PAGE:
EDMUND BURKE’S IDEA OF REVOLUTION: A CRITICAL STUDY

Author: Obonyano Dickson Bonaventure
Department: Philosophy
Affiliation: Nnamdi Azikiwe University Awka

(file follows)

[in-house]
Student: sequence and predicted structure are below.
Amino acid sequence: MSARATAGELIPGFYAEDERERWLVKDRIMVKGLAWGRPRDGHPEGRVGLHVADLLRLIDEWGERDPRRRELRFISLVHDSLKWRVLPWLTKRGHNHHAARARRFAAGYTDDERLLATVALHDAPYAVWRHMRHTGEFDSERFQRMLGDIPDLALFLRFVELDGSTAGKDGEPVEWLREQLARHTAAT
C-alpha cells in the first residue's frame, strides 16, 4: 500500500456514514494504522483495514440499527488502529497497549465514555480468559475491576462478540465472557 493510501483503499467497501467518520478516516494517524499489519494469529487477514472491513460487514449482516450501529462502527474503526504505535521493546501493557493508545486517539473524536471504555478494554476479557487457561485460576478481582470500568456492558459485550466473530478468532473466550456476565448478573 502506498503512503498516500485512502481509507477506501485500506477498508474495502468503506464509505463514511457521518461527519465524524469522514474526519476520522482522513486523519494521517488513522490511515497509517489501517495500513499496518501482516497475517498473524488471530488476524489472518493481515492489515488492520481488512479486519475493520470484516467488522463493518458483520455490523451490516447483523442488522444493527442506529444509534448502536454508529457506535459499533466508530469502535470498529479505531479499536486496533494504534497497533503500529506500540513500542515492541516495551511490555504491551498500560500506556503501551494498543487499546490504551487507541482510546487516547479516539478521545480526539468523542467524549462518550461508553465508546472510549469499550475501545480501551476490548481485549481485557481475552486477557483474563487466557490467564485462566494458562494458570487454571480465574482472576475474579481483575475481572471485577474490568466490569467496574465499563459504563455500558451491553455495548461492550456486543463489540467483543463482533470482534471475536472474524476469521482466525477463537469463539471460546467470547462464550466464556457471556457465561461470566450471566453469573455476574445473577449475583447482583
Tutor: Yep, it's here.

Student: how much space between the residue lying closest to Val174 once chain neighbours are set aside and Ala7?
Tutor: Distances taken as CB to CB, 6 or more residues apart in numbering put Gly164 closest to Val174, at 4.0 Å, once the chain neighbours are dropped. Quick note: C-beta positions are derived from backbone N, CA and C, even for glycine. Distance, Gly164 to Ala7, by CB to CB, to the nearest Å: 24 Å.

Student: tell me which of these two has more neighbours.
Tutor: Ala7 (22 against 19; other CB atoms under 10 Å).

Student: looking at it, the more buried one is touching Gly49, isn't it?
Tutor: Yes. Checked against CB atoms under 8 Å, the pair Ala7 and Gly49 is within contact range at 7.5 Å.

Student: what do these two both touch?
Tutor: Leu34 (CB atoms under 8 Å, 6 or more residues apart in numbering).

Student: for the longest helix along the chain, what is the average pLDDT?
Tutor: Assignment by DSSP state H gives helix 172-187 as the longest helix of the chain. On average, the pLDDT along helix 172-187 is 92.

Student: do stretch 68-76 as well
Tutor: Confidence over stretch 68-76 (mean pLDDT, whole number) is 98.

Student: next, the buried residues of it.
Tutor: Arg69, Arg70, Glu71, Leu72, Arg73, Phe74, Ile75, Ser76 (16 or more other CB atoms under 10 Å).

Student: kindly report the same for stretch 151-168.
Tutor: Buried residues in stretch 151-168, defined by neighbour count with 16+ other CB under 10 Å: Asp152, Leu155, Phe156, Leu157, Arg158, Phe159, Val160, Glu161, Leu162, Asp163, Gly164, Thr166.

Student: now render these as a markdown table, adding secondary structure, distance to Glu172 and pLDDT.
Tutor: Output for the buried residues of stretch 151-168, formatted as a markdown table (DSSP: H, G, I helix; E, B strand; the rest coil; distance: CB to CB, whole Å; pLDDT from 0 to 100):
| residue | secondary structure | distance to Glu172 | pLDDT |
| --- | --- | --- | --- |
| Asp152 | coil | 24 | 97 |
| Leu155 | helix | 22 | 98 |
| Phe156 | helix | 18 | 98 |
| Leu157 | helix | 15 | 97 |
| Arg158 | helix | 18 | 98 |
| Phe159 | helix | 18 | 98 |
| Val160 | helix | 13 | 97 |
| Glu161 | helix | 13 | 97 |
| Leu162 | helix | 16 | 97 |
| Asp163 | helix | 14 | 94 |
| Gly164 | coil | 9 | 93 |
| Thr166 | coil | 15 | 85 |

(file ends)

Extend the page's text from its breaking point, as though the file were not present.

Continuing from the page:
The present thesis offers a hermeneutical interpretation of Edmund Burke’s idea of revolution. By contrast to the existing literature; it studies Burke’s work as a purposive intervention in a domestic problem complex that turned upon the ways in which the French Revolution was refracted in various British contexts of argument. The thesis illustrates Burke’s alarm at these developments, which he perceived as constituting a democratic threat to Britain’s mixed constitutions; such fears were compounded by the political behavior of his moderate contemporaries, many of whom embraced natural rights arguments that were at odds with their aristocratic conceptions of politics. The thesis investigates Burke’s response to these dilemmas by situating his ideas on the French Revolution; it is here that Burke’s idea on revolution stands to affect a corrective measure to the excesses of revolution as a ‘check and balance’ principle to register its impact in the history of humanity. This work does not aim at deconstructing structures and systems that govern human existence the result rather highlights those structures that barely aids for progressive existence of humanity amidst socio-political environments, depersonalizing his personality and those that perpetrate debasement of man’s worth and dignity in the society he finds himself. Finally, it also provides possible ways of checking the excesses of revolution in our present generation.

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